Samsung X360 review
Very light and very beautiful, but there isn't enough here to threaten rivals from Lenovo and Sony.
Ever since the hype-driven launch of the MacBook Air, the biggest players in the laptop market have been striving to launch their own luxury ultraportables. Sony and Lenovo have been most successful, the former with the VAIO Z-Series and the latter with the superb ThinkPad X300.
The similarly named X360 is Samsung's entry into the fray. Tipping the scales at a particularly svelte 1.29kg, it undercuts the Lenovo X300 and MacBook Air - although not by enough to make your bag feel significantly lighter. It's thicker than both its rivals, however, with the X360's 32mm losing out to the Apple's 19.4mm and the Lenovo's 27mm. That said, most of the extra bulk stems from the battery at the rear; at the front, the X360 measures just 17mm thick.
The ultra-compact dimensions and emphasis on making the X360 "lighter than Air" - as the marketing slogan goes - haven't made the machine feel flimsy. The main body is sturdy and, while the screen exhibits a certain amount of flex, it isn't as pliable as the A-Listed Sony VAIO VGN-Z21MN/B (see p28). If ruggedness is your prime concern, though, note that the X300's lid gives more reassuring protection.
The keyboard shamelessly borrows the Scrabble-tile design from Sony and Apple's ultraportables. We found it easy to get up to a speedy typing pace thanks to the large tiles, even if it takes a little time to get used to the reduced amount of key travel compared to a normal keyboard. The trackpad follows in a similarly comfortable vein. What it lacks in fripperies - there's only a scroll button and, unlike the ThinkPad X300, there's no trackpoint - it makes up for in accuracy and responsiveness.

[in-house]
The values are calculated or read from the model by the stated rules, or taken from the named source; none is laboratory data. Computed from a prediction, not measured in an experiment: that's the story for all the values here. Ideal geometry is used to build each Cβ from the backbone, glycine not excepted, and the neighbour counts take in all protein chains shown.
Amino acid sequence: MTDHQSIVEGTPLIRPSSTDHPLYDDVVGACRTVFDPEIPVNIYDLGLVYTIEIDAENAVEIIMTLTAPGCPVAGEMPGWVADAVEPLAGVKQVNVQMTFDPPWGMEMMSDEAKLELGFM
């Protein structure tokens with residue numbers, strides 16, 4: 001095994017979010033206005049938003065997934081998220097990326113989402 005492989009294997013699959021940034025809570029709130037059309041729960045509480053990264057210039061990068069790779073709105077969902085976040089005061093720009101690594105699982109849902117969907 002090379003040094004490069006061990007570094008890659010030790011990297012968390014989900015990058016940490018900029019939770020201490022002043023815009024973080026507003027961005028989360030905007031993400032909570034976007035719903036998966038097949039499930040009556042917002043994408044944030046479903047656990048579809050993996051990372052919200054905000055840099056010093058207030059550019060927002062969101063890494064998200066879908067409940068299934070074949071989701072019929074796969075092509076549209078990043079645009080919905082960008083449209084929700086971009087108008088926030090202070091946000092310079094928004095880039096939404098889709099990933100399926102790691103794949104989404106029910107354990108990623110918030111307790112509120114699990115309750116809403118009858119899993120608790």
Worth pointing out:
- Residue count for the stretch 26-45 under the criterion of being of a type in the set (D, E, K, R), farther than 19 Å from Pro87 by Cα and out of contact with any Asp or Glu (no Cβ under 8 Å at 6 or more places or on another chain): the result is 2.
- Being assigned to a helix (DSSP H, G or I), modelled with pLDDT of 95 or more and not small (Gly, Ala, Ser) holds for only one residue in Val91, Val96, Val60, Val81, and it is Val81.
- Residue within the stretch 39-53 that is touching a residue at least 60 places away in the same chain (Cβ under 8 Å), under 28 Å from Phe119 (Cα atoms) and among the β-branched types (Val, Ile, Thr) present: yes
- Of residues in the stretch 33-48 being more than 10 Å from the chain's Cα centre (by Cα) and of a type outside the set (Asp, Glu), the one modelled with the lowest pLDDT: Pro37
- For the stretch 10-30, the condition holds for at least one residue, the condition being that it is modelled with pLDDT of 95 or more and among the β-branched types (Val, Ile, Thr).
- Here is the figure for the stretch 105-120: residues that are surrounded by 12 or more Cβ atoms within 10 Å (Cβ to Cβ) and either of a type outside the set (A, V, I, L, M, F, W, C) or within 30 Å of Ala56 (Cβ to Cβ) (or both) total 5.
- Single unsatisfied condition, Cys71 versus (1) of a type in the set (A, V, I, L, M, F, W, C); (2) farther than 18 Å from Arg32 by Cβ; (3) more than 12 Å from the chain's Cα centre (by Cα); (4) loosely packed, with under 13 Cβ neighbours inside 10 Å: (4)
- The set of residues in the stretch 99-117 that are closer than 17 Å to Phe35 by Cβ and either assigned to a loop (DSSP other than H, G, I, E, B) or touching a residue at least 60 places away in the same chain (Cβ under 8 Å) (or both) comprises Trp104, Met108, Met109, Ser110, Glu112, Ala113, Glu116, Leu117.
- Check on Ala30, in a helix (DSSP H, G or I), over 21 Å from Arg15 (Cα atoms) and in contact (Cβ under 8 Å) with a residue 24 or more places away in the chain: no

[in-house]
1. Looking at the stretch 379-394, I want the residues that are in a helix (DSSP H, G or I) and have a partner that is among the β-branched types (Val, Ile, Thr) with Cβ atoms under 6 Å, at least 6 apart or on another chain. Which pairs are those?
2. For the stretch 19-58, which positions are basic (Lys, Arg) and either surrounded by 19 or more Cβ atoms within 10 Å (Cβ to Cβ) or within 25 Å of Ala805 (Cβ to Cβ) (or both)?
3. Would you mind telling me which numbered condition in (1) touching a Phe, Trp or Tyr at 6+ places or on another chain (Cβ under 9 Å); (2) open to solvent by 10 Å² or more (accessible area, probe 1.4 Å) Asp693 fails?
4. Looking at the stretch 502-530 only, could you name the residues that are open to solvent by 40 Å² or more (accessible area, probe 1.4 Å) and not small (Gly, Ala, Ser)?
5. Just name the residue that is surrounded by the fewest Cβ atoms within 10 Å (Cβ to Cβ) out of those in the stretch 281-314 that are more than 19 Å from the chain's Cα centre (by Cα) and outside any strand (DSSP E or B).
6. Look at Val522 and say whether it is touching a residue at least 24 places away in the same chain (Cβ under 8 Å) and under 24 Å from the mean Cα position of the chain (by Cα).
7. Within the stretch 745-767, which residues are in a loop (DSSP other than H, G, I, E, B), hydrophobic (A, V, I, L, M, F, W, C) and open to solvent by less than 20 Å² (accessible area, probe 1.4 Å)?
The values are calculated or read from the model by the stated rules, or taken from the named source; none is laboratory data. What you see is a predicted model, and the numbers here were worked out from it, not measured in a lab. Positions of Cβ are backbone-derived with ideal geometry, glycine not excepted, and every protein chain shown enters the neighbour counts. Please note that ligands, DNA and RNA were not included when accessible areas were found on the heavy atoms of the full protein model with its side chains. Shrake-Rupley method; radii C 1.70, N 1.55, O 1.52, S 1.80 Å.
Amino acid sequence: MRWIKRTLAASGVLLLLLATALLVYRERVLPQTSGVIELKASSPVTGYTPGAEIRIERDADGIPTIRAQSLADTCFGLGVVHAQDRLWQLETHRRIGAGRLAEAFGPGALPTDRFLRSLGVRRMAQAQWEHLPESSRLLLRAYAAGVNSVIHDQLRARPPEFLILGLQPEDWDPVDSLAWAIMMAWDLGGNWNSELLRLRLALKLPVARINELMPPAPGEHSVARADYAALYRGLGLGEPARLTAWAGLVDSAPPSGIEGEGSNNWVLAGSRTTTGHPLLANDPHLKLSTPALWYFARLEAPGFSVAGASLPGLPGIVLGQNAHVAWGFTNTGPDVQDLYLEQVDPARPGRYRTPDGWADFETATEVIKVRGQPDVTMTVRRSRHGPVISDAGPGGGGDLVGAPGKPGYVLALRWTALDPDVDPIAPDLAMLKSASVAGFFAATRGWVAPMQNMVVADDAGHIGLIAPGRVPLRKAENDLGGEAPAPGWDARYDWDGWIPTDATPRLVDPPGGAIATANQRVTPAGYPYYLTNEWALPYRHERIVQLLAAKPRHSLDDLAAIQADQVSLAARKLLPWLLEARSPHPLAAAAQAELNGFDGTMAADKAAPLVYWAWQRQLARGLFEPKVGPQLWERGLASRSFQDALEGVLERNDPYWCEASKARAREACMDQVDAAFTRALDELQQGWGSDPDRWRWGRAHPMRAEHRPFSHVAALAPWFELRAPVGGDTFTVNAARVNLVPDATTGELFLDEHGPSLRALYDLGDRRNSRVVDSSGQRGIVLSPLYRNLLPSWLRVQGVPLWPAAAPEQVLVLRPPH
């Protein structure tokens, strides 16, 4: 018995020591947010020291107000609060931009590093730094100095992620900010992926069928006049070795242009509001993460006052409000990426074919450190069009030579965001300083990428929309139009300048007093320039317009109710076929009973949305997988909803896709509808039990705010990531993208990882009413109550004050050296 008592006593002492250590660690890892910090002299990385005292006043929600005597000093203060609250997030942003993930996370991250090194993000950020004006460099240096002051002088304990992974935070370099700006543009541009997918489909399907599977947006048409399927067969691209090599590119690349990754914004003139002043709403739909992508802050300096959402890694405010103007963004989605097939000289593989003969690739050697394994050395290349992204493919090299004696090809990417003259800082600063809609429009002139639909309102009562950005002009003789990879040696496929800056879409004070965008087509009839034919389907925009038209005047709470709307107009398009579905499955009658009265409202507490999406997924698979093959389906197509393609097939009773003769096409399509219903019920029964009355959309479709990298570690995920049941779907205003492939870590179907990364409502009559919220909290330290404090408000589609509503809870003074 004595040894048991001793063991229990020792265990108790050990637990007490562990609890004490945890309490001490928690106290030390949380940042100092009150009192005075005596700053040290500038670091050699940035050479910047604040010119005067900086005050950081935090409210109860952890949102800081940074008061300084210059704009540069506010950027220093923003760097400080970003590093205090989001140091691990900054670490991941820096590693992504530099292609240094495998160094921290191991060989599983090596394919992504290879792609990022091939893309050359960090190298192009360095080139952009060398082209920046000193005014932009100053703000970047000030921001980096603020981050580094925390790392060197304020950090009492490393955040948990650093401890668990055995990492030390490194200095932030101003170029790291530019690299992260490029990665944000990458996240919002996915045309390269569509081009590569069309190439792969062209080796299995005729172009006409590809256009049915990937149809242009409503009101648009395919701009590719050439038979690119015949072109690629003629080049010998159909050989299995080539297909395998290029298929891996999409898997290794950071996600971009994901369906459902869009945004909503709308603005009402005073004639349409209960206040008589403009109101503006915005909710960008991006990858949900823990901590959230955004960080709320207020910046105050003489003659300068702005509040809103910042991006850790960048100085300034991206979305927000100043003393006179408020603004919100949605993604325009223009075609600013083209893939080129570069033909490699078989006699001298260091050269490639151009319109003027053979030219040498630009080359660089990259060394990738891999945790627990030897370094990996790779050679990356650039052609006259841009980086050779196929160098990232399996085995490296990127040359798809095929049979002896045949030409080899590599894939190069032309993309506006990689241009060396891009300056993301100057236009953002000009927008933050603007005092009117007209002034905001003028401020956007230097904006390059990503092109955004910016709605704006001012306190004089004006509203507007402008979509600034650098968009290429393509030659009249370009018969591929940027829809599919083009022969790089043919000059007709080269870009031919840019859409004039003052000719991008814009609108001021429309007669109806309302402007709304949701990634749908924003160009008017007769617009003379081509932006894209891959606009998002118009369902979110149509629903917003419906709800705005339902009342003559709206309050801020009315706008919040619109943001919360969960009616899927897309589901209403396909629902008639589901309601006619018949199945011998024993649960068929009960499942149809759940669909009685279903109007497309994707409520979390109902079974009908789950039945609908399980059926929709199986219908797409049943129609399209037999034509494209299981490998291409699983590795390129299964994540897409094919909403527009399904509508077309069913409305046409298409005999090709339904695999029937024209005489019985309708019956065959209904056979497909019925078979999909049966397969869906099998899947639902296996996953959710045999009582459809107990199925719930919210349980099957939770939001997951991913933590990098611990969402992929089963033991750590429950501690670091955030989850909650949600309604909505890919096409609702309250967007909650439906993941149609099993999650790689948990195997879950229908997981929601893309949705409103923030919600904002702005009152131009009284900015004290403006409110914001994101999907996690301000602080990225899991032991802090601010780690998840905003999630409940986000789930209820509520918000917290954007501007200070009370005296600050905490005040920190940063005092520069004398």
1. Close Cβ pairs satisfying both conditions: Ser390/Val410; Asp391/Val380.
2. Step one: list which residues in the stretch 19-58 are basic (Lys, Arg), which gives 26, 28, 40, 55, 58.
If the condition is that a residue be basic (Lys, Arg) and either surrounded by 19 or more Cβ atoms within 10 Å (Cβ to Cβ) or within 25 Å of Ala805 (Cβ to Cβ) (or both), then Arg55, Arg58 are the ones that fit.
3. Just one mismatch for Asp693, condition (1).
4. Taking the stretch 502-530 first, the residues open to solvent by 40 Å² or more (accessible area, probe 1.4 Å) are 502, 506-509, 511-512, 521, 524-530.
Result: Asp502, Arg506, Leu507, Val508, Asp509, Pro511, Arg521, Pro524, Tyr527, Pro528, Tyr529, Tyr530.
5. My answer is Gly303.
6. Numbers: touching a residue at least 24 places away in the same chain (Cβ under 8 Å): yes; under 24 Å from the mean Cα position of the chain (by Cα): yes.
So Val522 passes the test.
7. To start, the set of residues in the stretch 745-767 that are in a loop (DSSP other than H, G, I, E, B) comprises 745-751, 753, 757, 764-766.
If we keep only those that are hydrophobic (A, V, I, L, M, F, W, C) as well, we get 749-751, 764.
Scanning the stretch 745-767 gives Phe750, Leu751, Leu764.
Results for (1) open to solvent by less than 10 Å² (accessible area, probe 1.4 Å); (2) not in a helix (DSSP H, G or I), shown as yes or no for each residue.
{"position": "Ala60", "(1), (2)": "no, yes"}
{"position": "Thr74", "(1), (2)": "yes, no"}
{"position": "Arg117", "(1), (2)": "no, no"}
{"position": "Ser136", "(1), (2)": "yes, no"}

We were less convinced by the screen, however. While the resolution of 1,280 x 800 ensures that detail is sharp and clear on the 13.3in screen, the glossy finish and narrow viewing angles mean it's hard to strike a decent balance. Place the panel at a position to minimise reflections and colours appear too pale, with little difference between shades at the extreme ends of the colour scale. Conversely, position the panel for the best possible colour and the screen could prove too reflective.
Samsung also makes compromises to the core specification. The processor, an Intel Core 2 Duo Mobile SU9300, is a low-power part that runs at a mere 1.2GHz, and performance isn't blazing. It scored just 0.67 in our 2D benchmarks - identical to the Dell Latitude E4200 (see p48). Like the Dell, we wouldn't recommend the X360 for demanding applications such as video editing, nor for gaming - Intel's integrated GMA X4500 graphics managed a mere 11fps in our low-quality Crysis benchmark. Nevertheless, the X360 is more than capable of being an executive's main PC in the office.
The Samsung's corporate credentials are reinforced further by a 128GB SSD hard disk - the largest solid-state drive we've seen in a laptop. This offers more security for data on the move due to having no mechanical parts, and Samsung backs it up with decent security features. The X360 comes complete with a TPM 1.2 module and a fingerprint reader.
The only item missing is an integrated optical drive, which rival machines from Sony and Lenovo build in. Samsung does include an external USB DVD
writer, however, so you can leave the extra weight of the drive in the office if you want to.
And it's out on the road that the X360 shows its true colours. The concentration on low-power components contributes to seriously impressive battery life figures. In our light-use test, the Samsung lasted 19 minutes short of seven hours - good by any standard.